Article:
David Ferry. Courtesy Waywiser Press.

David Ferry (born 1924) is an American poet, translator, and academic.


Ferry was born in Orange, New Jersey. He grew up and attended Columbia High School amid the “wild hills” of suburban Maplewood, New Jersey.[1]

His undergraduate education at Amherst College was interrupted by his service in the United States Army Air Force during World War II. He ultimately received a B.A. from Amherst in 1946. He went on to earn a Ph.D. from Harvard University. and it was during his graduate studies that he published his first poems in the Kenyon Review.

From 1952 until his retirement in 1989, Ferry taught at Wellesley College where he was, for many years, the chairman of the English Department. He holds the title Sophie Chantal Hart Professor Emeritus of English at Wellesley. He has also taught writing at Boston University. Ferry was elected a fellow of the American Academy of Arts and Sciences in 1998, and he is a fellow of the Academy of American Poets.

In 1958 Ferry married literary critic Anne Ferry (died 2006), who later became the 1st full-time woman member of the Harvard University English faculty; they had 2 children, Elizabeth, who became an anthropologist, and Stephen, who became a photojournalist.[2] Before moving to his current home in Brookline Massachusetts, Ferry lived across the Charles River in Cambridge, in the house where 19th-century journalist and women's rights advocate Margaret Fuller lived before she joined the Brook Farm community.[3]


Poet W.S. Merwin has described Ferry's work as having an "assured quiet tone" that communicates "complexities of feeling with unfailing proportion and grace." The critic Christopher Ricks regards Ferry as "the best poet now writing in America".


In 2000, Ferry’s book of new and selected poems and translations, Of No Country I Know, received the Lenore Marshall Poetry Prize from the Academy of American Poets, the Rebekah Johnson Bobbitt National Prize for Poetry from the Library of Congress (for the best work of poetry for the previous two years),, and the Bingham Poetry Prize. Ferry is also a recipient of the Harold Morton Landon Translation Award.[4]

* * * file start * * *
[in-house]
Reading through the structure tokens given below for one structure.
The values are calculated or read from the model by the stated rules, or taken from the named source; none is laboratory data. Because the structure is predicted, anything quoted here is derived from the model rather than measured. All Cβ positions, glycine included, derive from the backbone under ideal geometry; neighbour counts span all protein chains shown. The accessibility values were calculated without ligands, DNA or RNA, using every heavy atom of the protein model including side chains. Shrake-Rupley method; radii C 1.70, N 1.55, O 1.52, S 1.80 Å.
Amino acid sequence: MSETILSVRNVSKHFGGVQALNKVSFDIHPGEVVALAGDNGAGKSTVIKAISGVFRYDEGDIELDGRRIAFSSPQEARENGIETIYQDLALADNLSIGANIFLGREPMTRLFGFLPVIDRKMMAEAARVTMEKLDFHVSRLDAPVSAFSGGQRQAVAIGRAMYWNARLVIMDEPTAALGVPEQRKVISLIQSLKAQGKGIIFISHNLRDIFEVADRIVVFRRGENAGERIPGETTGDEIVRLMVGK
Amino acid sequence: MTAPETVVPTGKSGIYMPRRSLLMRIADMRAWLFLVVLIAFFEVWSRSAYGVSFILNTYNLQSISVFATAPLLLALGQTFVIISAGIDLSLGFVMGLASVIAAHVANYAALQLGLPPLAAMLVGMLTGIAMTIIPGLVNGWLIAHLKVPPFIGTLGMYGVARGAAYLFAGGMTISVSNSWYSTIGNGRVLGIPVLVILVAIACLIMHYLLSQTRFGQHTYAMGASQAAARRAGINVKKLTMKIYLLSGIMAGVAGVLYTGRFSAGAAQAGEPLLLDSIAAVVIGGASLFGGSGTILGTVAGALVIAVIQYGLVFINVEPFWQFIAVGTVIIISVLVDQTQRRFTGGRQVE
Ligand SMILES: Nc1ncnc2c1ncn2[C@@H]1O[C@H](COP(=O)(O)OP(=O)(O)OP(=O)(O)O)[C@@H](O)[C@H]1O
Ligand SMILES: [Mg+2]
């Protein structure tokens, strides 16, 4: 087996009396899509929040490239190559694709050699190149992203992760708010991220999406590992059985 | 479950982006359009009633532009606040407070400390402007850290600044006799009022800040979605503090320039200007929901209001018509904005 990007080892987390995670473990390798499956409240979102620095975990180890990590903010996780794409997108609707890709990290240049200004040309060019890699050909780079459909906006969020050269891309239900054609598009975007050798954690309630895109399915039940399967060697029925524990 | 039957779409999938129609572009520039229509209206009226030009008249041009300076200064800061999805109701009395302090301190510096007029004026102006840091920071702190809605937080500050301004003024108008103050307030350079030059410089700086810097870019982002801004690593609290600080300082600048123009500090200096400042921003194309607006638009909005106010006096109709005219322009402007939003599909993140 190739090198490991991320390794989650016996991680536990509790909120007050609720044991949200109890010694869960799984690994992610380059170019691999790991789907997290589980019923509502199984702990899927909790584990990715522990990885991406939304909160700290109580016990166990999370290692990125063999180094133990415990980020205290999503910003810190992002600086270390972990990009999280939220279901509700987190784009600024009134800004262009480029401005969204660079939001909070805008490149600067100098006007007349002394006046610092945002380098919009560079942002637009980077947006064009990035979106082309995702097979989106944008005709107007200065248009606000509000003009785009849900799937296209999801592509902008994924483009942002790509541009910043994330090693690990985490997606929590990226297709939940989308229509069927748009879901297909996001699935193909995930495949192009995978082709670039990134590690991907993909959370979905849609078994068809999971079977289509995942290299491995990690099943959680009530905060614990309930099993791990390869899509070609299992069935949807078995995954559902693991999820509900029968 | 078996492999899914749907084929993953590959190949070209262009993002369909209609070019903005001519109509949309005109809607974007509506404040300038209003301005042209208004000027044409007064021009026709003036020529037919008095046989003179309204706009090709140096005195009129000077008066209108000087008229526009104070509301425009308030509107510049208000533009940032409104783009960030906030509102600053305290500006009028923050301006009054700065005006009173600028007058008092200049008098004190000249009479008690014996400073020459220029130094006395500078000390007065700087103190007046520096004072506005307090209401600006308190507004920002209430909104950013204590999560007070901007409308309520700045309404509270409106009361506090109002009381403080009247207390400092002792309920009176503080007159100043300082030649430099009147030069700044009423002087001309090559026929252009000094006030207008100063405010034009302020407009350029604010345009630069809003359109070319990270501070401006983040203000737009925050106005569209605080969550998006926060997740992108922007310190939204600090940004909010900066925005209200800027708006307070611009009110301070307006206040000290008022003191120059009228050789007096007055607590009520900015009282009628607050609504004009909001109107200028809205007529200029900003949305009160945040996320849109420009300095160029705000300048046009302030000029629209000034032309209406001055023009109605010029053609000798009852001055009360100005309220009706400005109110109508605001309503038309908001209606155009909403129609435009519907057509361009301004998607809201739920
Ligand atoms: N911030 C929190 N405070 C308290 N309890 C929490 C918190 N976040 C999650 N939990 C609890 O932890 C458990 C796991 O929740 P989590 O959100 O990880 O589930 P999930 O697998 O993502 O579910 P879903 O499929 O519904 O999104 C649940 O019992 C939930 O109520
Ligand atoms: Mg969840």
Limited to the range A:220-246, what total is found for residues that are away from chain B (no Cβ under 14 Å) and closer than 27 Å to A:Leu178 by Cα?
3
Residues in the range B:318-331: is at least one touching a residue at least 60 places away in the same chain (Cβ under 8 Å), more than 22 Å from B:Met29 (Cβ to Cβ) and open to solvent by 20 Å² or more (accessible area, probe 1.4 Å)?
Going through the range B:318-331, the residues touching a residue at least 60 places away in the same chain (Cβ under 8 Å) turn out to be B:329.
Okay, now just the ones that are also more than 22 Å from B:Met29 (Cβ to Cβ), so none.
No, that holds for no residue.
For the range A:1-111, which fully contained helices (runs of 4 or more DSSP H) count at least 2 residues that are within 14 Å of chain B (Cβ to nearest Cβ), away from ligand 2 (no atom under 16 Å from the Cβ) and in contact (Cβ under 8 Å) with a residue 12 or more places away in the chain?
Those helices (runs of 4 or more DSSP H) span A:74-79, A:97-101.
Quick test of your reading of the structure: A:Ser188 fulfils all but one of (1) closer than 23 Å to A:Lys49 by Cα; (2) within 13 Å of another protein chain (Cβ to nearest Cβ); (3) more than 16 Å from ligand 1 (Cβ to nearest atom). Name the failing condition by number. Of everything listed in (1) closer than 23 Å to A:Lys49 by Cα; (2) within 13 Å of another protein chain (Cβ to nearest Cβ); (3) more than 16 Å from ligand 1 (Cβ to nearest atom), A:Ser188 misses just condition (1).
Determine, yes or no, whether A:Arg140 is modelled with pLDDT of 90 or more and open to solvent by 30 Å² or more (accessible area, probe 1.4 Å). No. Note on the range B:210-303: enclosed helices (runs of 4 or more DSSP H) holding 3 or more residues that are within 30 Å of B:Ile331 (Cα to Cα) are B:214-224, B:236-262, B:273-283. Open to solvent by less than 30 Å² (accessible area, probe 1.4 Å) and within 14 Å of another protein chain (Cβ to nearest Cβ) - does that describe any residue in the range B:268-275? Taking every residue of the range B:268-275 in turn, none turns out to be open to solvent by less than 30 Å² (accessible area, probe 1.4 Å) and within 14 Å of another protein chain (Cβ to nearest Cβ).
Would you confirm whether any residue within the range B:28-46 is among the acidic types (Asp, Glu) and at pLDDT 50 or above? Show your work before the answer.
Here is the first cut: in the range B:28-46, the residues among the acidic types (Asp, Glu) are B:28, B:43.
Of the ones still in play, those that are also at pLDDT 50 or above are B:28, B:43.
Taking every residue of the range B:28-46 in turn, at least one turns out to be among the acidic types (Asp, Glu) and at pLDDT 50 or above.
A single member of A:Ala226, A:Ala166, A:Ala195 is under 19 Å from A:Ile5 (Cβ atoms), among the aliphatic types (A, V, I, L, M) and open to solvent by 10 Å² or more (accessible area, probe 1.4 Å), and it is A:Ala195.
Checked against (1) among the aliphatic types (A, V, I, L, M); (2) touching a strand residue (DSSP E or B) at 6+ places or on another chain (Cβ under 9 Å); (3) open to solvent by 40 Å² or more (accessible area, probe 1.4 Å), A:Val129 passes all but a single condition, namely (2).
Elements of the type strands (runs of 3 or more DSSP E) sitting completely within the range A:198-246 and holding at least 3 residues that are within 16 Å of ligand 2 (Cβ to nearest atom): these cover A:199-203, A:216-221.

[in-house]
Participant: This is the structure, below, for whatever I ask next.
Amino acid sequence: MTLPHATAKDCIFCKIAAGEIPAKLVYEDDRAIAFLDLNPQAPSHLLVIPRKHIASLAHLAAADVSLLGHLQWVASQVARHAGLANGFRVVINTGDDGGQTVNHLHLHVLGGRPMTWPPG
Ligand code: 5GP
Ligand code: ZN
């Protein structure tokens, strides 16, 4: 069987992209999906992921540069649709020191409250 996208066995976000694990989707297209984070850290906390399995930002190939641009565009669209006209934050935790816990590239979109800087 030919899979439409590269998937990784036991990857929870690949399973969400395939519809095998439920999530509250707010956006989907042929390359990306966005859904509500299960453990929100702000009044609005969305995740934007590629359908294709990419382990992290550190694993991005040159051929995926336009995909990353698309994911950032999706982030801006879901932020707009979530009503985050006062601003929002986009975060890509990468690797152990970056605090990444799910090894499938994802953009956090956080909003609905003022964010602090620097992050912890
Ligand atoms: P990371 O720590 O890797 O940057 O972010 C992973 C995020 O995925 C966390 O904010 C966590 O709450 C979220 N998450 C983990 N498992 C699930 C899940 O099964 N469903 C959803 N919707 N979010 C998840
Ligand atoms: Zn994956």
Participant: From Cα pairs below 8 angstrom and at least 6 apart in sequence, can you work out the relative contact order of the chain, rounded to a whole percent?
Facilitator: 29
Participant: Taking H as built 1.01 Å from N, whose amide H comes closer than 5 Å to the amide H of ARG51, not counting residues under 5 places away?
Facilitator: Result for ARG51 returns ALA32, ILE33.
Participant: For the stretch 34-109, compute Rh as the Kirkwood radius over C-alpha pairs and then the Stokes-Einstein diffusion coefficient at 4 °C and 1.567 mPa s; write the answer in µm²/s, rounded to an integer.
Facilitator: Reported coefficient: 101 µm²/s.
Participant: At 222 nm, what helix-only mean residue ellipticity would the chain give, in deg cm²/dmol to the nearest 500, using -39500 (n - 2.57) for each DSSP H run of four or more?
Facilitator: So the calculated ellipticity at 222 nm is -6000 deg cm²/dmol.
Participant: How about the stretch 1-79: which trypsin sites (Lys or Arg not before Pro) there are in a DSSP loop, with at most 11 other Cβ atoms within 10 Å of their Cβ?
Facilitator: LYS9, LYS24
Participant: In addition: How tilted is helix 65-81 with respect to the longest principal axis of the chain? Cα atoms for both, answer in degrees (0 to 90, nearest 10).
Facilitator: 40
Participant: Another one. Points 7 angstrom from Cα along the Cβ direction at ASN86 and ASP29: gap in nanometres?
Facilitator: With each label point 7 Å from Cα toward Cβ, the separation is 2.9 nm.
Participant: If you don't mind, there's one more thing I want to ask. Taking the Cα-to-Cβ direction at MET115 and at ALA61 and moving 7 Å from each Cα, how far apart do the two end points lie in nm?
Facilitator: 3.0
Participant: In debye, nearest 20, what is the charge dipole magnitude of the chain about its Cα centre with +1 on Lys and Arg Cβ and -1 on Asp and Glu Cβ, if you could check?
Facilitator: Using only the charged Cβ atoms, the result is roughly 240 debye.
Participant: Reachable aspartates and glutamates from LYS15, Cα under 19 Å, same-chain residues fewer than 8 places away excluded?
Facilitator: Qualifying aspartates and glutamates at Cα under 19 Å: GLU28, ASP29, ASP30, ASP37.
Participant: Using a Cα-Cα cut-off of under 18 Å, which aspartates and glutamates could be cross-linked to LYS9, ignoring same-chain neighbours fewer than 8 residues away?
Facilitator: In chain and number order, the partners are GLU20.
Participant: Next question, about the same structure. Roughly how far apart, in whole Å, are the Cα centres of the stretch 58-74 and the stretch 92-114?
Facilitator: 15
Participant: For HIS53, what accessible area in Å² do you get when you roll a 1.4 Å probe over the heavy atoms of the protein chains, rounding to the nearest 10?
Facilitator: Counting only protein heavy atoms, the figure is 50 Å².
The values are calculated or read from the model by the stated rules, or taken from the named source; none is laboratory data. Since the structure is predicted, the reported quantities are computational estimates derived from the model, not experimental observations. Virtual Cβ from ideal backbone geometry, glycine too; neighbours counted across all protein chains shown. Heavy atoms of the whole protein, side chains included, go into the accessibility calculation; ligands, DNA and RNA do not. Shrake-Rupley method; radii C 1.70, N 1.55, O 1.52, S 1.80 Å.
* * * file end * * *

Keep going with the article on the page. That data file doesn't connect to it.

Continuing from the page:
In 2011, Ferry was awarded the $100,000 Ruth Lilly Poetry Prize.[5]



  • On the Way to the Island. Middletown, CT: Wesleyan University Press, 1960.
  • A Letter and Some Photographs: A group of poems. Seattle, WA: Sea Pen Press & Paper Mill, 1981.
  • Strangers: A book of poems. Chicago, IL: University of Chicago Press, 1983.
  • Dwelling Places: Poems and translations. Chicago, IL: University of Chicago Press, 1993.
  • Of No Country I Know: New and selected poems and translations. Chicago, IL: University of Chicago Press, 1999.


  • The Limits of Mortality: An essay on Wordsworth's major poems. Middletown, CT: Wesleyan University Press, 1959.


  • Gilgamesh: A new rendering in English verse. New York: Farrar, Straus, & Giroux, 1992.
  • The Odes of Horace. New York: Farrar, Straus, and Giroux, 1997.
  • The Eclogues of Virgil: A translation. New York: Farrar, Straus, and Giroux, 1999.
  • The Epistles of Horace; A translation. New York: Farrar, Straus, and Giroux, 2001.
  • The Georgics of Virgil. New York: Farrar, Straus, and Giroux, 2006.

Edited Edit

  • The Laurel Wordsworth. Dell, 1959.
  • (Editor with others) British Literature, 3rd edition (Ferry was not associated with earlier editions). Heath, 1974.
  • (Selector and author of introduction) David Moolten, Plums & Ashes. Boston: Northeastern University Press (Boston), 1994.
    Poet David Ferry Reads From His Collection 'Bewilderment'

    Poet David Ferry Reads From His Collection 'Bewilderment'

Except where noted, bibliographical information courtesy the Poetry Foundation.[4]

See alsoEdit



  1. "David Ferry". Newsletter of the Friends of the Amherst College Library 29. 2002-2003. Retrieved March 7, 2008.  (Described in his poem "Narcissus")
  2. Mehegan, David (February 7, 2006). "Anne Ferry, noted scholar of English, American poetry". Boston Globe. 
  3. Moore, Judith (July 28, 2005). "The Georgics of Virgil: Bilingual Edition".  Interview with Ferry about his translation of The Georgics of Virgil.
  4. 4.0 4.1 David Ferry b. 1924, Poetry Foundation, Web, Sep. 14, 2011.
  5. Patricia Cohen, David Ferry Wins the Ruth Lilly Poetry Award for Lifetime Achievement, ArtsBeat, New York Times, April 15, 2011. Web, Sep. 14, 2012.

External linksEdit

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